The fact is that Abrham’s world expected child sacrifice. It was not a cause of shock or horror, as modern listeners experience. Indeed, it is not the fact that a deity would demand a sacrifice which would be unusual, but rather the twist that the deity insists He doesn’t require the human sacrifice in the end, but only did so test the level of faith, trust, and obedience. Then the providential ram, or proverbial scapegoat, is introduced into the picture, demonstrating that the move has been made away from human sacrifice, and instead towards animal sacrifice. And yet the need for some offering of self is still timelessly necessary to commune with the divine.
Artists through the ages have been inspired to try and capture the moment of Abraham on the brink of slaying his son, and they are always deeply moving as well as disturbing. Sometimes we see Abraham’s hand pressed over the boy’s face, as if to cover it, lest they make eye contact, and he lose his nerve to go through with the sacrifice. Some have the boy lying on his belly, his mouth agape, waiting in horror to have his throat slit. Others have him leaning on his side, almost naked, his father’s fingers clutching his hair so his head stays in place, a look of stony resignation on his face.
But then there is the angel, crying out for a hand to be stayed, and the ram, its thorns tangled in the thicket. It is redemption. It is mercy. And yet somewhere, somehow, there is an ominous sense that there is still a price. Something must be poured out, expiated, for God and Man to be fused together. We have the words of angels, and we have the blood of lambs. But surely such things are incomplete, such stories are only the beginning. And it is little wonder that the great artists of Christendom painted those haunted faces as ancient mirrors of the faces of the Passion, of God-in-Man being pierced and bled out.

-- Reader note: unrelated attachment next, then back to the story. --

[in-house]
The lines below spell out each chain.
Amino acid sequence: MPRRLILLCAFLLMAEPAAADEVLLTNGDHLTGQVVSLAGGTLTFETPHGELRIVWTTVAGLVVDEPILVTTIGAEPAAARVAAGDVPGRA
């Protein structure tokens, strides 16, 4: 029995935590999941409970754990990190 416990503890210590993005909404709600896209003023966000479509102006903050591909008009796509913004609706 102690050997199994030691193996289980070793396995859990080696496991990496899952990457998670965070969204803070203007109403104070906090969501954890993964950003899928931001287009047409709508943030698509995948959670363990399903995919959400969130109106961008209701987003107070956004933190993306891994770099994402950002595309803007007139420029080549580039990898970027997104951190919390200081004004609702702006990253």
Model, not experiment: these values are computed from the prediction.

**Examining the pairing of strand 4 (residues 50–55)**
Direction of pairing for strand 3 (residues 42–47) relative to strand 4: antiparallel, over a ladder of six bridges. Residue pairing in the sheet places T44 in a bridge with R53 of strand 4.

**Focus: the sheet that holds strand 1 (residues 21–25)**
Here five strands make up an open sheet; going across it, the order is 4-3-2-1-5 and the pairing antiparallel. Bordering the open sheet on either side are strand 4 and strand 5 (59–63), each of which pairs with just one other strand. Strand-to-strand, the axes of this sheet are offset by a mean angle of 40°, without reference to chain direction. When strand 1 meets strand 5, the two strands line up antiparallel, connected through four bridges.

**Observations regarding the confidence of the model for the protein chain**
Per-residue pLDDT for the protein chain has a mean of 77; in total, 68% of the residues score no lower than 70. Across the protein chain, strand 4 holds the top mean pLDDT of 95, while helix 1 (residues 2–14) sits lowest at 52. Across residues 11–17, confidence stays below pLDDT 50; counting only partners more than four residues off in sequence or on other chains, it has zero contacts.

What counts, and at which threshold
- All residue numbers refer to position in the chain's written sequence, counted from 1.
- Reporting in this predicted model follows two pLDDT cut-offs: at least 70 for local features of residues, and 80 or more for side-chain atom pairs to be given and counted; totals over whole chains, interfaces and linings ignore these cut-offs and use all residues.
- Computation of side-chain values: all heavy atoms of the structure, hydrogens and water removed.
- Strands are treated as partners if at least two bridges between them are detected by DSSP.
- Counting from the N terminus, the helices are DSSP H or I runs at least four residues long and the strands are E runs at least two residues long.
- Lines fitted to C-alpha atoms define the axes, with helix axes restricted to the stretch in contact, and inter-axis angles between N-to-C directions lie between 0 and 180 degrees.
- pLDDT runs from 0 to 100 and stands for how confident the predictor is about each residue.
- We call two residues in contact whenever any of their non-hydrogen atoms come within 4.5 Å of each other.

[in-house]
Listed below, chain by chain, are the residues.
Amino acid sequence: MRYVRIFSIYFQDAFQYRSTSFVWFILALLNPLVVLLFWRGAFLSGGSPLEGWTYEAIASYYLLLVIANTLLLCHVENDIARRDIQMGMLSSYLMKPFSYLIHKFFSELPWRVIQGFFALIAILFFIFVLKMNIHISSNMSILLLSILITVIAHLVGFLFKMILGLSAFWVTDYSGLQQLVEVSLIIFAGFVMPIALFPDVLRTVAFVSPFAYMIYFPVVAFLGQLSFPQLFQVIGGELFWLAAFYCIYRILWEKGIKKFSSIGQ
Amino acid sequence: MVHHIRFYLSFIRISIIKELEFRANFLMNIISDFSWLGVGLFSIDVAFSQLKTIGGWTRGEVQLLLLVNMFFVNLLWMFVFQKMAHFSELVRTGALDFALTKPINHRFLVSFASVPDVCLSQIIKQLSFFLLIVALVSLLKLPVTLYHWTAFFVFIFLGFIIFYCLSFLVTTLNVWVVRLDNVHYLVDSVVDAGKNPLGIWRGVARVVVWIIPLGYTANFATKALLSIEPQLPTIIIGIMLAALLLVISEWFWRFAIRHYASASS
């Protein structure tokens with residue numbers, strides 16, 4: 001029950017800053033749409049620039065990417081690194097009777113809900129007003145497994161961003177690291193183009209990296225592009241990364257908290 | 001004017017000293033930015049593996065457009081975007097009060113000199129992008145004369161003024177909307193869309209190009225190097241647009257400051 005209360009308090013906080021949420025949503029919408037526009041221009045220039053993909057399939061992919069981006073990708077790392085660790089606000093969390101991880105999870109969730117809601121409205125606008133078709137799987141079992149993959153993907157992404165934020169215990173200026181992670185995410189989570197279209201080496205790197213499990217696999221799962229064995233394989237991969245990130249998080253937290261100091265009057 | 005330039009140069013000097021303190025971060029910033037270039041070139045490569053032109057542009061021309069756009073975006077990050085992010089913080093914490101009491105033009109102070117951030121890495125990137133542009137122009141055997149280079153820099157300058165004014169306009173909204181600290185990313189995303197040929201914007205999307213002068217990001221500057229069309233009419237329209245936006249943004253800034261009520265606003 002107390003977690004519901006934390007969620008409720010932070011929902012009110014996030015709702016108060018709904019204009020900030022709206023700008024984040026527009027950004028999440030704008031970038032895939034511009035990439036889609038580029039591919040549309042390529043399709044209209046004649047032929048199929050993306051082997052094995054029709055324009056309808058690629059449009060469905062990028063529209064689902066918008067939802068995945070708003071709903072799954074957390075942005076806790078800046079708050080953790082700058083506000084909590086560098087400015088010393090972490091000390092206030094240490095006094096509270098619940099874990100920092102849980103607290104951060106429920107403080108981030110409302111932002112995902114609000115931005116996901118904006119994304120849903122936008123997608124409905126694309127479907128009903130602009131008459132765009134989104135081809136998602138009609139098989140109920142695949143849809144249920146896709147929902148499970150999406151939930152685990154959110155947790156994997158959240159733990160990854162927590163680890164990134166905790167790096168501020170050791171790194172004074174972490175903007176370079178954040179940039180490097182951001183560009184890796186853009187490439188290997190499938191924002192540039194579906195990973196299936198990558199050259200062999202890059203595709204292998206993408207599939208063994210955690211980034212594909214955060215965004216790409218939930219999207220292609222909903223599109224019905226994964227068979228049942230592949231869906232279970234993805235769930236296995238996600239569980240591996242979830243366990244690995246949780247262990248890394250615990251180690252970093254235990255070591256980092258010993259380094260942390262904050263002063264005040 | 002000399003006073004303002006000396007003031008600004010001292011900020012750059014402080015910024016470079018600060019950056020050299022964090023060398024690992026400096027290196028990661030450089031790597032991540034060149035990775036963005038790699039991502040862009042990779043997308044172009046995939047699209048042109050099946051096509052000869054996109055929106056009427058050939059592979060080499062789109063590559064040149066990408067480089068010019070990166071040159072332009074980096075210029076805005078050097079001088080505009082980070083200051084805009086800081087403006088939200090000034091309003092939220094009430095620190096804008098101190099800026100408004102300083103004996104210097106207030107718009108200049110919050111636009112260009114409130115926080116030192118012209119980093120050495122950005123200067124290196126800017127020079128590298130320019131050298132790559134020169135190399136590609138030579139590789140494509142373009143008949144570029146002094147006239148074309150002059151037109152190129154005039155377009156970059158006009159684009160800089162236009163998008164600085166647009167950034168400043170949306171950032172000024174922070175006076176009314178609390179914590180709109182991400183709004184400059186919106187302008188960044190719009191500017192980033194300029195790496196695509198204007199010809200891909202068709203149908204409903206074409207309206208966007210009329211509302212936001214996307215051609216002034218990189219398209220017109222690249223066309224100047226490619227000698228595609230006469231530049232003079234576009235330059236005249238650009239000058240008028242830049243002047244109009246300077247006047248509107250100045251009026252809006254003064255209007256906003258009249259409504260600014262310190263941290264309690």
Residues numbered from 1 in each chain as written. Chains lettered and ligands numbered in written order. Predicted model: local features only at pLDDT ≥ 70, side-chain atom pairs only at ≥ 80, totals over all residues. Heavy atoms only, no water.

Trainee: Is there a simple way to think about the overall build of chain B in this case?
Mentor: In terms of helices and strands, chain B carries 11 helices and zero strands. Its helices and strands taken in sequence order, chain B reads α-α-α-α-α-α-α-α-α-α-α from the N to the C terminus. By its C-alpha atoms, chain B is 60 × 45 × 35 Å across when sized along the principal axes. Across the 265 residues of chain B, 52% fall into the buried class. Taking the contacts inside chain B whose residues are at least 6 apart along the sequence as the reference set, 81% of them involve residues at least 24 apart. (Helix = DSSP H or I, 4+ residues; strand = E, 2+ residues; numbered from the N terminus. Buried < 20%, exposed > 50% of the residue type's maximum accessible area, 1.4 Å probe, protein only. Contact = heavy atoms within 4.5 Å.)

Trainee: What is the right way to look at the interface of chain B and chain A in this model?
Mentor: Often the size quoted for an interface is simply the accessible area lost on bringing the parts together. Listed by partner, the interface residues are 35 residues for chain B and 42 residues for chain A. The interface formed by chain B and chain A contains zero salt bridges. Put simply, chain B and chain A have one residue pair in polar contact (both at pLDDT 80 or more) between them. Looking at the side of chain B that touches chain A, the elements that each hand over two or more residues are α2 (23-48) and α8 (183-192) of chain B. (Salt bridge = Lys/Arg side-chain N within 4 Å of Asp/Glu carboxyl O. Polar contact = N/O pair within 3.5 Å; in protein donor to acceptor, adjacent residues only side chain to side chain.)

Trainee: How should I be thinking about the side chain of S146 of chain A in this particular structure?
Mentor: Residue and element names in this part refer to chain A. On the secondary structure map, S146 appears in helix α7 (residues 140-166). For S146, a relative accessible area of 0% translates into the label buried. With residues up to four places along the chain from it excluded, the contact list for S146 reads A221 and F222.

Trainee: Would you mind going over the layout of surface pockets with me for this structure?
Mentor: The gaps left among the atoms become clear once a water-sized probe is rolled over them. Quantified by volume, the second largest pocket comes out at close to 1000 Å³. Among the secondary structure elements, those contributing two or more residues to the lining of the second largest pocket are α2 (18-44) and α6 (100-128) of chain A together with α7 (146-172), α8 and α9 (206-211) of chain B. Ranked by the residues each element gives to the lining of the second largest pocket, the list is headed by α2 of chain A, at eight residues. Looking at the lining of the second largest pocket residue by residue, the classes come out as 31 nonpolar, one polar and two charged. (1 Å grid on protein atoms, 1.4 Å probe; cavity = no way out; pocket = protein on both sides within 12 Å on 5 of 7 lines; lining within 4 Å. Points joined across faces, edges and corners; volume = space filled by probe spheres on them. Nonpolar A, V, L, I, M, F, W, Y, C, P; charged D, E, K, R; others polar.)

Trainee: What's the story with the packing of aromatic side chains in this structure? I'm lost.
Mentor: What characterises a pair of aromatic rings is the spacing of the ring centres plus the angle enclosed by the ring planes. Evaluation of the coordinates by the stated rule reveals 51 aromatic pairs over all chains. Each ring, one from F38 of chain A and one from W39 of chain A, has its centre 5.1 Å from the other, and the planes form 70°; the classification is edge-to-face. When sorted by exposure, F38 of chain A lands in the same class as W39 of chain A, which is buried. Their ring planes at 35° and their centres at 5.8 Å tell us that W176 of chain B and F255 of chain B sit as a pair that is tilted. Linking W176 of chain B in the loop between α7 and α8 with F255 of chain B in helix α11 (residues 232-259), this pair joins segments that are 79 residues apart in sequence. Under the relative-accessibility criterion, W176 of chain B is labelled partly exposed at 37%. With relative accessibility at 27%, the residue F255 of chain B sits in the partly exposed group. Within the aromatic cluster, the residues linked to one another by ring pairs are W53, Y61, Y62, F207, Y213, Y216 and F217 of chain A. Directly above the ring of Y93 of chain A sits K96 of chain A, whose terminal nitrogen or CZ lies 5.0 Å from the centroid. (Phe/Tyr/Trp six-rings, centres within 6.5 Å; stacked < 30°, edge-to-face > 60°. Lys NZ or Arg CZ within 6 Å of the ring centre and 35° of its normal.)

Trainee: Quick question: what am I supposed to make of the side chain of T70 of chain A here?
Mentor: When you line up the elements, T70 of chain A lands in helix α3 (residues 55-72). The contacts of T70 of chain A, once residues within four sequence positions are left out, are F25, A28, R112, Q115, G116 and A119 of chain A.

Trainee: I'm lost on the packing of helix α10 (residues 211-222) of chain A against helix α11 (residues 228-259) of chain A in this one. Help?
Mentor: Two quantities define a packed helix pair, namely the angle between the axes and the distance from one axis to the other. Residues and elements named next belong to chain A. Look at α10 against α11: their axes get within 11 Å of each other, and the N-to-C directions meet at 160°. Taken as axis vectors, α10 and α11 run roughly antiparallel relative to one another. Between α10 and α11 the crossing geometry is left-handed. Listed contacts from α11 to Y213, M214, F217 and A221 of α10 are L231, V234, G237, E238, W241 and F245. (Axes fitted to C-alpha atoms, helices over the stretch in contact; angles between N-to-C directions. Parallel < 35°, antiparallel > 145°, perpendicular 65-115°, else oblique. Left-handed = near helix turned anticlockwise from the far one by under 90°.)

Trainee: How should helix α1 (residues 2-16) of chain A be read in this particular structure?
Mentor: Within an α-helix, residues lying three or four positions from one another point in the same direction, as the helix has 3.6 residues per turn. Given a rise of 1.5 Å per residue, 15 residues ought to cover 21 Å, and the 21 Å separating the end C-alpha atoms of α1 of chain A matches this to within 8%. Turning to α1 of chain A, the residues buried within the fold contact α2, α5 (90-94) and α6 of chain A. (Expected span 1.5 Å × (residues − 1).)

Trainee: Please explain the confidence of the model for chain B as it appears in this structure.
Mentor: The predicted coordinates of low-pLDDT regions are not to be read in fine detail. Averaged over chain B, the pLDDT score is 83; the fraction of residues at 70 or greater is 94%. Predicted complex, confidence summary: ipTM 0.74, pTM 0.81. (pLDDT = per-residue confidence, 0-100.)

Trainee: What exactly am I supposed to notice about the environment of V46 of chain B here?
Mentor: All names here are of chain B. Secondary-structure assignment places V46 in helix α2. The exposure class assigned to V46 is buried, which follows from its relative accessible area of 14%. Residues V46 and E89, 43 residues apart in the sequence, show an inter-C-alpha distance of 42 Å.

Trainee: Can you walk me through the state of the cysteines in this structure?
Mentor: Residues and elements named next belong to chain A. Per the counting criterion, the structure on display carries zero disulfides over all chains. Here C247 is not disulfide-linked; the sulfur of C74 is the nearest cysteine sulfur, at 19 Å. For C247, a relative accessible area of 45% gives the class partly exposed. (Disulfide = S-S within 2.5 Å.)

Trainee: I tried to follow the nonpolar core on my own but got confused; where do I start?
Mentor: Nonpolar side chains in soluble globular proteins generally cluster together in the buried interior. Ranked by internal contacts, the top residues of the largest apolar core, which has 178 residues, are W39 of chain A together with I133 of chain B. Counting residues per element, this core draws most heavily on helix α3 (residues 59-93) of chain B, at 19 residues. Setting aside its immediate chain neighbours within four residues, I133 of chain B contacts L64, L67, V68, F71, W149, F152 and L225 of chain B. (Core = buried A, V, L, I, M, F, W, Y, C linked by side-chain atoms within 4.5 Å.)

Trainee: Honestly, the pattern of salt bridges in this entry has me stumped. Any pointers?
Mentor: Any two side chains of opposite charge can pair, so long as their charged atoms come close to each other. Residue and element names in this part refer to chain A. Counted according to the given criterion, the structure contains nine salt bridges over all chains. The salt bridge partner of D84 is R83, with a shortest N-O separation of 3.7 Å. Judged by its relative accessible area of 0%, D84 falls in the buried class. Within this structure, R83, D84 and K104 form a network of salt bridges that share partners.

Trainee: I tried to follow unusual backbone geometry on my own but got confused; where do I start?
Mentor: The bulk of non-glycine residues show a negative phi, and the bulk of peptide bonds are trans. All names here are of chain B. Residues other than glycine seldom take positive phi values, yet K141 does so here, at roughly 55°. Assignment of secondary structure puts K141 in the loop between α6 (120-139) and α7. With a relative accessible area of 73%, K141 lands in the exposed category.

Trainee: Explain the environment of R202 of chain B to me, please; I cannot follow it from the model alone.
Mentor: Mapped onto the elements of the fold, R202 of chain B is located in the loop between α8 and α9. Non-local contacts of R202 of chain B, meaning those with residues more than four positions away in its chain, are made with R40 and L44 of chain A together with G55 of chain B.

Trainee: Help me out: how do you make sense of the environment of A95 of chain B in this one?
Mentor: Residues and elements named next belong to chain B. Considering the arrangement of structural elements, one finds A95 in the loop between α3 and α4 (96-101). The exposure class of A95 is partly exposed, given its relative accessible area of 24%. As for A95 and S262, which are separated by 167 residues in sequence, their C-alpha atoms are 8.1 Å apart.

Catholic tradition tends to approach the Bible individually according to book-type in this way and are not bound to take every single story with strict literalism, nor as a “do-this-at-home” instruction kit, particularly when it comes to the literature in the Old Testament. More often than not, we see the stories of the Hebrew Bible as types and disfigurements of Christ’s redeeming sacrifice. Genesis, to a greater or lesser extent, has the quality of a mythic origin story, but one which is shot through with truth as well. To what extent it was true in a literal sense we may never know, but I think it’s clear to see the realism in it through our daily lives, in the battle between the spirit and the flesh.